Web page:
### Graphical Models as Block-Tree Graphs

Graphical Models as Block-Tree Graphs 1 Divyanshu Vats and José M. F. Moura arxiv:1007.0563v2 [stat.ml] 13 Nov 2010 Abstract We introduce block-tree graphs as a framework for deriving efficient algorithms

### Solutions to Exercises 8

Discrete Mathematics Lent 2009 MA210 Solutions to Exercises 8 (1) Suppose that G is a graph in which every vertex has degree at least k, where k 1, and in which every cycle contains at least 4 vertices.

### Part 2: Community Detection

Chapter 8: Graph Data Part 2: Community Detection Based on Leskovec, Rajaraman, Ullman 2014: Mining of Massive Datasets Big Data Management and Analytics Outline Community Detection - Social networks -

### The Joint Probability Distribution (JPD) of a set of n binary variables involve a huge number of parameters

DEFINING PROILISTI MODELS The Joint Probability Distribution (JPD) of a set of n binary variables involve a huge number of parameters 2 n (larger than 10 25 for only 100 variables). x y z p(x, y, z) 0

### Course: Model, Learning, and Inference: Lecture 5

Course: Model, Learning, and Inference: Lecture 5 Alan Yuille Department of Statistics, UCLA Los Angeles, CA 90095 yuille@stat.ucla.edu Abstract Probability distributions on structured representation.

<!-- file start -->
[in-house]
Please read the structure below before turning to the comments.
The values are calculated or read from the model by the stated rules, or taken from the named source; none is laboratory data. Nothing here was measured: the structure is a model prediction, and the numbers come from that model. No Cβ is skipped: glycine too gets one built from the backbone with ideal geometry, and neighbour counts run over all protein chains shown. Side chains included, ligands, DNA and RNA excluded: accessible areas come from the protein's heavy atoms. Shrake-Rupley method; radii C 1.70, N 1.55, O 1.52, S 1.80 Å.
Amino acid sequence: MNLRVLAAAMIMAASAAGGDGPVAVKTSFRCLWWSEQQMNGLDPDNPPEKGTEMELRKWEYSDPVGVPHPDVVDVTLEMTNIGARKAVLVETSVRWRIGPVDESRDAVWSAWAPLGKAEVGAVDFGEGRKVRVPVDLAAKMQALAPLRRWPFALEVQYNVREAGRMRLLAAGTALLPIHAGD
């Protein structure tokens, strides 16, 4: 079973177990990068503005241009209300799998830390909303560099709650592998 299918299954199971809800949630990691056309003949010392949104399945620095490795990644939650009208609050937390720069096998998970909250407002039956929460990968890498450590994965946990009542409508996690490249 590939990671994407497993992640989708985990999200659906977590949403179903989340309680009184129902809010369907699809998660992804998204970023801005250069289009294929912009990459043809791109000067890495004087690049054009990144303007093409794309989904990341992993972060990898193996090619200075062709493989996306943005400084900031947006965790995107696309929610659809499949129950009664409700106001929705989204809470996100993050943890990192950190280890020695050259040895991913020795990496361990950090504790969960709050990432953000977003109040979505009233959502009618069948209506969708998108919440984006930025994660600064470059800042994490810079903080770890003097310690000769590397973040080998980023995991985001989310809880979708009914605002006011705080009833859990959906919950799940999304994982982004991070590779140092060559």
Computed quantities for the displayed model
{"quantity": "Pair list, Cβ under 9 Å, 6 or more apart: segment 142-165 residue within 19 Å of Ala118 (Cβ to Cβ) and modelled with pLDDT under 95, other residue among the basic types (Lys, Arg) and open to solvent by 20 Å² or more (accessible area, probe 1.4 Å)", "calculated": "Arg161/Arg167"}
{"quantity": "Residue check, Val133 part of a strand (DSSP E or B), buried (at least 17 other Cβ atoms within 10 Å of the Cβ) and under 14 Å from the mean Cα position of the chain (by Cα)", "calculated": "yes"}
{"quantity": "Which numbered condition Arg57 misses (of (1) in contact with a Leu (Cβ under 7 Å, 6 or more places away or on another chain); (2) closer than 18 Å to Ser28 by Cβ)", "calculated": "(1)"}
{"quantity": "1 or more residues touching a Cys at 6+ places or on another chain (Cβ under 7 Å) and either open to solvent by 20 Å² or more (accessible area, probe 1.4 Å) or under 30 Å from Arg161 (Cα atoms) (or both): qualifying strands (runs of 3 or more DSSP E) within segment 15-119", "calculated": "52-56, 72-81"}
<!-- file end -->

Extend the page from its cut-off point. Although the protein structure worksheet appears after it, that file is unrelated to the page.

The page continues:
### STAT 270 Probability Basics

STAT 270 Probability Basics Richard Lockhart Simon Fraser University Spring 2015 Surrey 1/28 Purposes of These Notes Jargon: experiment, sample space, outcome, event. Set theory ideas and notation: intersection,

### Graphs and Network Flows IE411 Lecture 1

Graphs and Network Flows IE411 Lecture 1 Dr. Ted Ralphs IE411 Lecture 1 1 References for Today s Lecture Required reading Sections 17.1, 19.1 References AMO Chapter 1 and Section 2.1 and 2.2 IE411 Lecture

### Probabilistic Graphical Models Final Exam

Introduction to Probabilistic Graphical Models Final Exam, March 2007 1 Probabilistic Graphical Models Final Exam Please fill your name and I.D.: Name:... I.D.:... Duration: 3 hours. Guidelines: 1. The

### Markov chains and Markov Random Fields (MRFs)

Markov chains and Markov Random Fields (MRFs) 1 Why Markov Models We discuss Markov models now. This is the simplest statistical model in which we don t assume that all variables are independent; we assume

### 1. Relevant standard graph theory

Color identical pairs in 4-chromatic graphs Asbjørn Brændeland I argue that, given a 4-chromatic graph G and a pair of vertices {u, v} in G, if the color of u equals the color of v in every 4-coloring

### Machine Learning

Machine Learning 10-701 Tom M. Mitchell Machine Learning Department Carnegie Mellon University February 8, 2011 Today: Graphical models Bayes Nets: Representing distributions Conditional independencies

### 2) Write in detail the issues in the design of code generator.

COMPUTER SCIENCE AND ENGINEERING VI SEM CSE Principles of Compiler Design Unit-IV Question and answers UNIT IV CODE GENERATION 9 Issues in the design of code generator The target machine Runtime Storage

### A rational number is a number that can be written as where a and b are integers and b 0.

S E L S O N Rational Numbers Goal: Perform operations on rational numbers. Vocabulary Rational number: Additive inverse: A rational number is a number that can be a written as where a and b are integers